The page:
Trying to plan without overplanning is a challenge!
27.05.2017 - 17.06.2017
I am taking advantage of my frequent flyer miles to head to Quito, Ecuador and on to the Galapagos. I decided to spend about 6 days in Quito and then about 12 days in the Galapagos, which should give me plenty of time to wander about Quito and pet tortoises in the Galapagos, with the occasional afternoon lounging with una cerveza.
My planning for Quito was pretty straightforward. I booked a hotel near the airport because I am arriving late, then will use an Airbnb place in Quito as a base for wandering around. I am not sure what I will do there as yet, but that suits my style of travel. I'll report on the hotel and the apartment later in this series of posts.
Now, I have done a lot of traveling overseas with virtually no knowledge of the local language, and have gotten along reasonably well. Sometimes, as in Germany, even if I did have some German, most folks would rather use their English with me rather than endure my German. On other occasions, my excuse has been either that I was going to a country where I felt that the language was way too challenging for casual study (Korea, Japan) or I was visiting so many countries that learning the languages was impossible (my RTW trip). However, as I would be spending considerable time in a country with a language I have heard since childhood in California, I thought it was high time to try and pick up a little Spanish.
So for the last month or so I have been diligently working through the Spanish lessons at Duolingo. It's a free site and I found that I enjoyed their gamified approach to language learning. They have a lot of languages available, including, recently, Japanese (now I don't have an excuse!). I have absolutely no idea if I will be able to use my spanish but I feel moderately confident that I can decipher basic signage, menus, etc. and probably ask for a doctor if I fall off a cliff. For what it is worth, I am what Duolingo calls Level 14 in Spanish.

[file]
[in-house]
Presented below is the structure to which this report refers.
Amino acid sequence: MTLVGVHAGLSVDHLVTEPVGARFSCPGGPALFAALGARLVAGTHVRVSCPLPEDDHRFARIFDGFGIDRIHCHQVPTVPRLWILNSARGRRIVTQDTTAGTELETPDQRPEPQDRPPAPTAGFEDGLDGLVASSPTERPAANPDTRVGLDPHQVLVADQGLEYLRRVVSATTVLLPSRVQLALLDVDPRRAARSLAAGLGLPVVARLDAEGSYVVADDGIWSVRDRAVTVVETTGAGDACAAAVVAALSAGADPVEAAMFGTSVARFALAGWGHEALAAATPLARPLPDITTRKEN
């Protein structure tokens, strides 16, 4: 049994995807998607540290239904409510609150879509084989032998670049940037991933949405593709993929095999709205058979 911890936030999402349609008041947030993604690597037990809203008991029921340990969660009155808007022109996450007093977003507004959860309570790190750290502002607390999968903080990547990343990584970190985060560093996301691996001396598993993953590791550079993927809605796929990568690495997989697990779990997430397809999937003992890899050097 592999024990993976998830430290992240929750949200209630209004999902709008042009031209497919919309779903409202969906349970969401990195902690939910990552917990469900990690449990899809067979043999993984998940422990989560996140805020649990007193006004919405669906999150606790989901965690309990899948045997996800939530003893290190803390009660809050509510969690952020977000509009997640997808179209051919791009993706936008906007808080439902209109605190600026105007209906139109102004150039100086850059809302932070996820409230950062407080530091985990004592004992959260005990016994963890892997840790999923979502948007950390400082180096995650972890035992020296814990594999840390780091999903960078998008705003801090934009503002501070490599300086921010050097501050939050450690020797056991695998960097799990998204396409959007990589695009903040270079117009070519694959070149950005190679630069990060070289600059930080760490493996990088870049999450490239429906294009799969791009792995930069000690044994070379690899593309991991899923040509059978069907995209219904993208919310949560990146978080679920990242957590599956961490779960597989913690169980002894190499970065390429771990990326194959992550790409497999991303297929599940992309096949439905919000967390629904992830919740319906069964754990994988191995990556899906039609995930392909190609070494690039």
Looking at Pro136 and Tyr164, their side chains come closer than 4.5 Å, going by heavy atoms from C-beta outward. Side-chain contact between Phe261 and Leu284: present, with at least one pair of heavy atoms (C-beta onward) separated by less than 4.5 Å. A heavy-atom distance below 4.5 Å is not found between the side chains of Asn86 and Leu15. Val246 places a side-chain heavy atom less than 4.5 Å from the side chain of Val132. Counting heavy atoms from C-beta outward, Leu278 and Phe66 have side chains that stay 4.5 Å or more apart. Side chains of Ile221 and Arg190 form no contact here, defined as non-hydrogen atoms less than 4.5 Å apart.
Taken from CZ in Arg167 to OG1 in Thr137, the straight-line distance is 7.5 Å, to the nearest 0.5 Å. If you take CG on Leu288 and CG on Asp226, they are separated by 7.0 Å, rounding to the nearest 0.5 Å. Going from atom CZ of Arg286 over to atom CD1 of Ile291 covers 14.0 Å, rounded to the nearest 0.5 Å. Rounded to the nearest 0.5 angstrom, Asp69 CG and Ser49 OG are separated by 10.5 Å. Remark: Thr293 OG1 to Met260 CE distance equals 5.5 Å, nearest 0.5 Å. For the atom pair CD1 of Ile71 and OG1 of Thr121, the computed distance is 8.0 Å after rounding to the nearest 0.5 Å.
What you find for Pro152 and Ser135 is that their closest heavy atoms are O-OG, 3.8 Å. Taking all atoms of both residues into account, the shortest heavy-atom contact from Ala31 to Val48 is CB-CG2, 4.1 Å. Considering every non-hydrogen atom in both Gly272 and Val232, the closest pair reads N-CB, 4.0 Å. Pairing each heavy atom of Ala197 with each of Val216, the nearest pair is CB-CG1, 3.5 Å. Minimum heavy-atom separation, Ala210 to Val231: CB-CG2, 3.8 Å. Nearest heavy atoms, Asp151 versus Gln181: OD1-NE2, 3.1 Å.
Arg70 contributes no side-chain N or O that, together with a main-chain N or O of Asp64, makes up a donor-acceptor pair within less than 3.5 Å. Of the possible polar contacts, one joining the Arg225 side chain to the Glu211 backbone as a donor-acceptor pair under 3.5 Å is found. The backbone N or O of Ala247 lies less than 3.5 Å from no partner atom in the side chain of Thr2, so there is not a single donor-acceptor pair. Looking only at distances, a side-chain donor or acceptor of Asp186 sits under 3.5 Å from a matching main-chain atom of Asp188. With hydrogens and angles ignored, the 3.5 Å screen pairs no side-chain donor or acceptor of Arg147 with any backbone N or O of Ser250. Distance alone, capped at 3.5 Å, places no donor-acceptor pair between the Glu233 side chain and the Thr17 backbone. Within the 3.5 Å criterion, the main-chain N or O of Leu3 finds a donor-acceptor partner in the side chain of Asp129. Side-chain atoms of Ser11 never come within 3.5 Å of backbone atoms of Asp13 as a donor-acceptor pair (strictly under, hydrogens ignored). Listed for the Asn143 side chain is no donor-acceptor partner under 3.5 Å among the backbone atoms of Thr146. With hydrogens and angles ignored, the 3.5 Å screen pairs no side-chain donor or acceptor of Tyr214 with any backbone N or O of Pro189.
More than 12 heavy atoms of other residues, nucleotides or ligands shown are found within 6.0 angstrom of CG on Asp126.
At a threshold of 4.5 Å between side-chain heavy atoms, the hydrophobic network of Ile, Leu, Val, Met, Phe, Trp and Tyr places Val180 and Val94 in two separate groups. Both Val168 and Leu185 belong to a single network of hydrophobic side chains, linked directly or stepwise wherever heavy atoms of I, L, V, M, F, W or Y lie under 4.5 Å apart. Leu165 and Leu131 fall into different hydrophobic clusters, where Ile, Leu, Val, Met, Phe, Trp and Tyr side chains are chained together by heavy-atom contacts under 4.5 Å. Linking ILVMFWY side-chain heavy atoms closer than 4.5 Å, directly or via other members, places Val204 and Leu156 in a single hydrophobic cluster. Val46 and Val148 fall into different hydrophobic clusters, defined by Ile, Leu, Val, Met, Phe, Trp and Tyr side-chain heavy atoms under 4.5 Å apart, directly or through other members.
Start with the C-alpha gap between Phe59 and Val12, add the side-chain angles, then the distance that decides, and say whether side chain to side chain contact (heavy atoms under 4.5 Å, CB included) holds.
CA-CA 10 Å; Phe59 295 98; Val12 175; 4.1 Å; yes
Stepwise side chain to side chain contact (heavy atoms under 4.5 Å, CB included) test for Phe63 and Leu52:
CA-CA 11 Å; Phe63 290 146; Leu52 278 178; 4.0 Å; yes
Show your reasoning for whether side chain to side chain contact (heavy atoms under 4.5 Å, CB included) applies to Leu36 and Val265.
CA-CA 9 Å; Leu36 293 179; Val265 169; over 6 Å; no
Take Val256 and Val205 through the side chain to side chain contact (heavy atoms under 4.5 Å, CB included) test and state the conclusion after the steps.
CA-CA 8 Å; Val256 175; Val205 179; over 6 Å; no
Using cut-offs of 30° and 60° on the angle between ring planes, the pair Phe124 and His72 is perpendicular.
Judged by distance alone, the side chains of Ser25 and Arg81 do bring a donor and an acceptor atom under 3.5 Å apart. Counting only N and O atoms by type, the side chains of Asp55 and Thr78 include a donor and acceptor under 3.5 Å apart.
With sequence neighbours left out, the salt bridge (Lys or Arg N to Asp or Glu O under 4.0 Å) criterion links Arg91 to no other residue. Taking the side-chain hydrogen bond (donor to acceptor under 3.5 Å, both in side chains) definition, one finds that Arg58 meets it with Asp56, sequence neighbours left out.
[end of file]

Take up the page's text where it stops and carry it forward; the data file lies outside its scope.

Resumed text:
So that's the Quito side of the equation. For me, though, the big question is how to approach the Galapagos. Of course, the wildlife is said to be awesome and it's really interesting terrain but, like many scientists, I view a visit to the Galapagos as a pilgramage of sorts, acknowledging the immense contribution to scientific knowledge provided by Charles Darwin. I consider 'On the Origin of the Species' to be one of the great scientific works (if not the greatest!) of all time. I believe this not just because he crystallized the concepts of evolution and natural selection for the first time in a coherent whole and then wrote lucid accessible prose to describe his thoughts and evidence, but because of the structure of the book itself.
Darwin does not present himself as an advocate for a particular position. Instead, he acknowledges that he has an idea of how things might work and then spends the bulk of the book trying his concepts out on the most challenging examples he could come up with and assesses whether his ideas can provide an explanatory framework across a dazzling array of biological systems, from orchids to barnacles. His goal is always to ask the hardest questions and go where the evidence leads. This truly scientific approach differs radically from the more frequent strategy of putting forward an idea and lobbing softballs (or outright lying about the evidence) and claiming confirmation - sadly, an approach we see far too often in American politics, for example.